Under the SFA, SFOs often fall under the “fund management” category, which may require them to obtain a Capital Markets Services License. However, it’s worth noting that there are provisions for exemptions from this licensing requirement, which can be advantageous.

    Similarly, the FAA may classify SFOs as “Financial Advisers,” mandating the acquisition of a “Financial Adviser’s License.” Nevertheless, there’s a significant exception to consider: if an SFO exclusively provides advice to associated companies, it might qualify for an exemption from this licensing obligation

  • Minimum Staffing Requirements:

    Building a capable team is crucial. You must have at least two investment professionals (referred to as ‘IPs’) on board. You’re granted a one-year grace period to fulfill this requirement, ensuring that your team is primed for excellence.

  • Business Spending:

    Managing wealth requires an investment in your operations. Your annual business spending depends on your AUM:

    • For AUM < S$50 million: S$200,000
    • For AUM > S$50 million and < S$100 million: S$500,000
    • For AUM >= S$100 million: S$1 million

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FAQs

What is Singapore’s income tax rate?2021-09-06T15:44:02+08:00

Singapore’s personal income tax rates for resident taxpayers are progressive. This means higher income earners pay a proportionately higher tax, with the current highest personal income tax rate at 22%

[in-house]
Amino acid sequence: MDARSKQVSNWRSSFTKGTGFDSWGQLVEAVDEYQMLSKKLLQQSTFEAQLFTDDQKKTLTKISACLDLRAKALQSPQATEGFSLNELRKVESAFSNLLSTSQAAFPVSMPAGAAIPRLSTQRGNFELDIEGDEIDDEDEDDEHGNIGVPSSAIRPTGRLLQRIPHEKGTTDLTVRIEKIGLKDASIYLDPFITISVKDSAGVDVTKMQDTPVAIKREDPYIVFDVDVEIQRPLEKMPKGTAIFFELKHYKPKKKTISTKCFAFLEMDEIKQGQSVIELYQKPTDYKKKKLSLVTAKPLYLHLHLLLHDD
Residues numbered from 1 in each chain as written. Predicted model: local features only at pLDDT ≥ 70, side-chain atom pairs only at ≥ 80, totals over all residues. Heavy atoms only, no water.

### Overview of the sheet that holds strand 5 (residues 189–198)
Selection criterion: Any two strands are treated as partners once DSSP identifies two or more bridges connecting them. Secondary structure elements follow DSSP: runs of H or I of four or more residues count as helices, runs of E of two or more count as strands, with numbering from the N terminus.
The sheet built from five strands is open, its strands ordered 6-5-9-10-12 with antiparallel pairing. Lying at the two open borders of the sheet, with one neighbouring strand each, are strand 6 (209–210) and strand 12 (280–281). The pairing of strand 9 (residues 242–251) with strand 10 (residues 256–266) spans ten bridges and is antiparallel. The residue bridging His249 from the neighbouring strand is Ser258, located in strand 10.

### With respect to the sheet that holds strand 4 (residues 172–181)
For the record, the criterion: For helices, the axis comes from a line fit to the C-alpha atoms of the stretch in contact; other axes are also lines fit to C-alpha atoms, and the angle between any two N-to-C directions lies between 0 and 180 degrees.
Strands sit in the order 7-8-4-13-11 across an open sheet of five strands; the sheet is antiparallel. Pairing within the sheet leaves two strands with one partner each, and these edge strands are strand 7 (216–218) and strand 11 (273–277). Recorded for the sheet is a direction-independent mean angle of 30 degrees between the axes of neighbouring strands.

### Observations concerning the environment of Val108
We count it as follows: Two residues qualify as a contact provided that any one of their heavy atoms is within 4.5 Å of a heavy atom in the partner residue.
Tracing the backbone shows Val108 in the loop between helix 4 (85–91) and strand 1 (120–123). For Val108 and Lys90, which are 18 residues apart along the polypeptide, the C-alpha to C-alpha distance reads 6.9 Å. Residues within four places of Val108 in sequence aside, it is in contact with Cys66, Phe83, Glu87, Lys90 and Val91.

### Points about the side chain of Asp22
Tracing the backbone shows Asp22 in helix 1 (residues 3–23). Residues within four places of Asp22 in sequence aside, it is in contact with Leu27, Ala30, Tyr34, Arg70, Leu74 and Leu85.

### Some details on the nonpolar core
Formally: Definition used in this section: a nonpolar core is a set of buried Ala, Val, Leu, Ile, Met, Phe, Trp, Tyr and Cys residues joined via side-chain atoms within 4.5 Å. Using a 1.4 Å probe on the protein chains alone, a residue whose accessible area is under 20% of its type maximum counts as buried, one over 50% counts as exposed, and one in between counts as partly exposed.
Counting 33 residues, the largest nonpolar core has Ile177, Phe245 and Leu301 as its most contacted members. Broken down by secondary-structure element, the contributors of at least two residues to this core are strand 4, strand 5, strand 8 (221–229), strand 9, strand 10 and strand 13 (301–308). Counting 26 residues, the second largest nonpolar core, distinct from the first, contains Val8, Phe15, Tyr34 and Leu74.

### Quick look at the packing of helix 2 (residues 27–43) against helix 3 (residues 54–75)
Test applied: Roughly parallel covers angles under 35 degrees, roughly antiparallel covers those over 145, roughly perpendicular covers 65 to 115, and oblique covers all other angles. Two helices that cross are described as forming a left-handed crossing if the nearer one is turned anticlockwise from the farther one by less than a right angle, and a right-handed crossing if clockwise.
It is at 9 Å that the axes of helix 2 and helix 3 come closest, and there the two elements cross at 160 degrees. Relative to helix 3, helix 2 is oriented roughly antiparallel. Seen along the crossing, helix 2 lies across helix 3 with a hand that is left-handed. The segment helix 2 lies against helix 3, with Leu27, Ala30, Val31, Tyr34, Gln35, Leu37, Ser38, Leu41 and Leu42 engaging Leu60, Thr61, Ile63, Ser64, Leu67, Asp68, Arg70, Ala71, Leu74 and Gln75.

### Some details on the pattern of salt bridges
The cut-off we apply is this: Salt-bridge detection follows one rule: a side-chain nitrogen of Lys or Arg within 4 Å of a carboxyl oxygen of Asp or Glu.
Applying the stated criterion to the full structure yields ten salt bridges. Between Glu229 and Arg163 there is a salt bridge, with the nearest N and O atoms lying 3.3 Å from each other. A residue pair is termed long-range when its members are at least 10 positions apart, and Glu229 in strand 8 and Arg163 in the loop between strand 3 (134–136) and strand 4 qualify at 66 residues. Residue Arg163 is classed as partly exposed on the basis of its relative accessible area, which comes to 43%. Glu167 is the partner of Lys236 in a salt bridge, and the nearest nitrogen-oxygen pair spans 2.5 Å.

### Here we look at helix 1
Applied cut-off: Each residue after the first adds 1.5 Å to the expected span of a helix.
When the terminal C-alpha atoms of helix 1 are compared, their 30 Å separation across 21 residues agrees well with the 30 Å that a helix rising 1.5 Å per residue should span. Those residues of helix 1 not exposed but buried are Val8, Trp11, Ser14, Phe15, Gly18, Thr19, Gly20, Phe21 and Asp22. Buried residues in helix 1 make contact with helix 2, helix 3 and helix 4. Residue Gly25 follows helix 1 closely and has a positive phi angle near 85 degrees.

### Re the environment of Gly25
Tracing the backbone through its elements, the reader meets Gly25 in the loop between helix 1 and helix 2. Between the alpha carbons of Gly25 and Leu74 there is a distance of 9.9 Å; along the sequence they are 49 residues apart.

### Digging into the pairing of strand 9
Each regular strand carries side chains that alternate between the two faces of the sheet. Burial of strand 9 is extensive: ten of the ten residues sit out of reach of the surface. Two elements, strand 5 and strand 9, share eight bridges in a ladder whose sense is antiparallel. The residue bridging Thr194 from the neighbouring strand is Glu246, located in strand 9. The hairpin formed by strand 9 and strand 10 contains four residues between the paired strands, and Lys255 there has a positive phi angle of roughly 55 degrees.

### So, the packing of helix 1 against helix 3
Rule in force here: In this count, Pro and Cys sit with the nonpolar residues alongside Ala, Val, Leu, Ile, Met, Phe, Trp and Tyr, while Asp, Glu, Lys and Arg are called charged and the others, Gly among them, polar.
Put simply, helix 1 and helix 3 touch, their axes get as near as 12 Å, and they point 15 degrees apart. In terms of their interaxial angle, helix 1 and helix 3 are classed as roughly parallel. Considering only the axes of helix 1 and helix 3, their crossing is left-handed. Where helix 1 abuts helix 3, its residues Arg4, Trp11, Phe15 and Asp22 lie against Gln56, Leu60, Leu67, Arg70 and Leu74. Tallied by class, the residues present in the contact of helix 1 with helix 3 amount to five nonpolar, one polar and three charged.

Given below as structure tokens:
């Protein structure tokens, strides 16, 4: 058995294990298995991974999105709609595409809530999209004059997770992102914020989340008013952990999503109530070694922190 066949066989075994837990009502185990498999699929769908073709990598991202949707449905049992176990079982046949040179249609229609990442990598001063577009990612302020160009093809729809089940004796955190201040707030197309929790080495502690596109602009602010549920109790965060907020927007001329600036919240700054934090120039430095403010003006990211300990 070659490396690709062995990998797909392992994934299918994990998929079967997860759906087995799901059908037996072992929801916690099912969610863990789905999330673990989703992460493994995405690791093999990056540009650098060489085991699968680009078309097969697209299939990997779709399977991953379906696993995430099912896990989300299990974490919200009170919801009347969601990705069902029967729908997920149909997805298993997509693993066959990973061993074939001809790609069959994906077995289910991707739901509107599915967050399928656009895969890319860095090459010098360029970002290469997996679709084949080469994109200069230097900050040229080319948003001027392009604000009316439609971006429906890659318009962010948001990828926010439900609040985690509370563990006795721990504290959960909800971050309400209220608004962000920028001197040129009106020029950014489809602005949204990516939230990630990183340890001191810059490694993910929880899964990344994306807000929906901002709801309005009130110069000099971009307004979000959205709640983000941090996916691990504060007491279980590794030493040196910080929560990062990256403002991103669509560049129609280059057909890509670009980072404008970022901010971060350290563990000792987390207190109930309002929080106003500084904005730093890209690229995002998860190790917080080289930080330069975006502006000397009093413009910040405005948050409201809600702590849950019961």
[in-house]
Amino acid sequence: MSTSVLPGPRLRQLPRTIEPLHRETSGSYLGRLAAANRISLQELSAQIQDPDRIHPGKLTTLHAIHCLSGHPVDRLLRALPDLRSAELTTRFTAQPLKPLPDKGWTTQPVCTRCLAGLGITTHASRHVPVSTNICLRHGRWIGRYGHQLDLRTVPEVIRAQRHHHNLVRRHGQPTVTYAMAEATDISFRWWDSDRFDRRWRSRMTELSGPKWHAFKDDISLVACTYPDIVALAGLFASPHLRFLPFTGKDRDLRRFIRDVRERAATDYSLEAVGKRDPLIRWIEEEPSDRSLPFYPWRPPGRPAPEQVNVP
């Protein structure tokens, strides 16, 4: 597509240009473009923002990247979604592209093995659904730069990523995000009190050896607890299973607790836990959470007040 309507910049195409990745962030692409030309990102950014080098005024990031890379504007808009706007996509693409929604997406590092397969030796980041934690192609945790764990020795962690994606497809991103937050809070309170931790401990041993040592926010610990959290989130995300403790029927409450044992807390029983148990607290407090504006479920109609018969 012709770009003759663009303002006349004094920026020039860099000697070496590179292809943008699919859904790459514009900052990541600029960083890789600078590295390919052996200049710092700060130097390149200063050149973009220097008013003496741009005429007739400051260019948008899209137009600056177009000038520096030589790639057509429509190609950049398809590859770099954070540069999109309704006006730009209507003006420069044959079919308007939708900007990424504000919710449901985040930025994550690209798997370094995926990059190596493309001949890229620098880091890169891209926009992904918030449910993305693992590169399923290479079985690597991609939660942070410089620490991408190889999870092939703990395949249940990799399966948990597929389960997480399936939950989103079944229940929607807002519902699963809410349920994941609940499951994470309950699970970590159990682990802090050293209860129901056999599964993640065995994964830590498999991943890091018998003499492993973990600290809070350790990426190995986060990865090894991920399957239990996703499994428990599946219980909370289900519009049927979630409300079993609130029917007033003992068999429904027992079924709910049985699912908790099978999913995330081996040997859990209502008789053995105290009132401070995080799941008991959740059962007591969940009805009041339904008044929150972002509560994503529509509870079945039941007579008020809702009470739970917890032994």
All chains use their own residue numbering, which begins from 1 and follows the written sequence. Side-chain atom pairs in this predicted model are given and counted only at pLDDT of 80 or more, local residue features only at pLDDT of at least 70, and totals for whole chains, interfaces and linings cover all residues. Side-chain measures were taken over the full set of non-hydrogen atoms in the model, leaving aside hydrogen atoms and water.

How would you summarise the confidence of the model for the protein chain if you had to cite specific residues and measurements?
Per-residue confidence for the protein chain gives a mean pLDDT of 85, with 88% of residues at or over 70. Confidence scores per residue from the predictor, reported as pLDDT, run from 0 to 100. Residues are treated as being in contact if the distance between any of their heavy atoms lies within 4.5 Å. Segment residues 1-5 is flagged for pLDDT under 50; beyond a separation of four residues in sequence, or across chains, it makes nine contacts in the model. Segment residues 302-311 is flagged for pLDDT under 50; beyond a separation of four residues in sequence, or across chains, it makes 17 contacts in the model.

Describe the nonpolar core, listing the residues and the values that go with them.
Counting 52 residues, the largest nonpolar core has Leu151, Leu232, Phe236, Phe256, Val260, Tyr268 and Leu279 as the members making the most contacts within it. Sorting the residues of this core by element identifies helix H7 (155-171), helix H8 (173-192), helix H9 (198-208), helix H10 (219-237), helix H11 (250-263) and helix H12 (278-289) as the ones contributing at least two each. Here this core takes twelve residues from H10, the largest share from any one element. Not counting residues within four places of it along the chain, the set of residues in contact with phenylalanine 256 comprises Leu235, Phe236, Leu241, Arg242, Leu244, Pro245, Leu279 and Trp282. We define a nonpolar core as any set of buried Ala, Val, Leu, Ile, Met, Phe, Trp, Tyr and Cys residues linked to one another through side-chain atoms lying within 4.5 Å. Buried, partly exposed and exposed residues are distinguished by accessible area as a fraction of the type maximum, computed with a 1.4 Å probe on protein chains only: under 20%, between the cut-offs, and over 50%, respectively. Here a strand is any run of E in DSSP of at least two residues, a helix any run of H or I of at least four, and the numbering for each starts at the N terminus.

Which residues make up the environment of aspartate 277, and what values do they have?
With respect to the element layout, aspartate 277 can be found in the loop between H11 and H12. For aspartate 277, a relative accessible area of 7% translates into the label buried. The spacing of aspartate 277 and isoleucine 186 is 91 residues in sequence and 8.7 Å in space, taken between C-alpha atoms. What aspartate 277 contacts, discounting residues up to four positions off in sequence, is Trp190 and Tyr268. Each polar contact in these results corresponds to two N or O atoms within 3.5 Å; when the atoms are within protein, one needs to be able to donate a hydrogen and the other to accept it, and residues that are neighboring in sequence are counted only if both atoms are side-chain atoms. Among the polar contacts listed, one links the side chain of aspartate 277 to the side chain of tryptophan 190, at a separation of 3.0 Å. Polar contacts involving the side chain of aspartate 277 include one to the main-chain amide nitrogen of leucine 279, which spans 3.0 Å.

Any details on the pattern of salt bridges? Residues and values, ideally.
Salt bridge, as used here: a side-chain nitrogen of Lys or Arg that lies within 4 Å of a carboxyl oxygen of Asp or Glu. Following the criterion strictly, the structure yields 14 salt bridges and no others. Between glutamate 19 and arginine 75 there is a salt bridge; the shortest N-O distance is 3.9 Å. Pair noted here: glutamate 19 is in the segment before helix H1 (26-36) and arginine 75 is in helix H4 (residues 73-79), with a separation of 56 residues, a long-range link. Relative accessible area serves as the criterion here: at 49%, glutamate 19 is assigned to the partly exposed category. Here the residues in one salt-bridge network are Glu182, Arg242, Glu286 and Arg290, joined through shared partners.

Why is it necessary for Singapore to have tax exemptions on international air travel and shipping income?2021-09-06T15:43:25+08:00

The countries to which these tax exemptions apply are heavily involved in shipping and air routes to and from Singapore. Therefore, these exemptions encourage the people of these countries to continue to engage with and conduct business activities in Singapore.

Why must Singapore have Tax exemptions on International aire travel and shipping income?2020-06-22T11:38:39+08:00

The countries to which these tax exemptions apply are heavily involved in shipping and air routes to and from Singapore. Therefore, these exemptions encourage the people of these countries to continue to engage with and conduct business activities in Singapore.

What are the most recent changes to Singapore’s income Tax Rates?2020-06-22T11:36:06+08:00

Singapore’s current maximum personal income tax rate is 22%. This represents an increase from the prior maximum rate of 20%. On the other hand, the corporate income tax rate has steadily declined over the years. It once sat at 26% but is now at 17%.

Which Business Entities do not qualify for the Start-up tax exemption scheme?2021-09-06T15:42:42+08:00

Not all business entities in Singapore are eligible for the government’s tax exemption. Only private limited companies, foreign subsidiary companies, foreign branch companies, and Singapore offshore companies qualify for it. Therefore, business entities such as sole proprietorships, partnerships, and limited liability partnerships may not receive the tax exemption.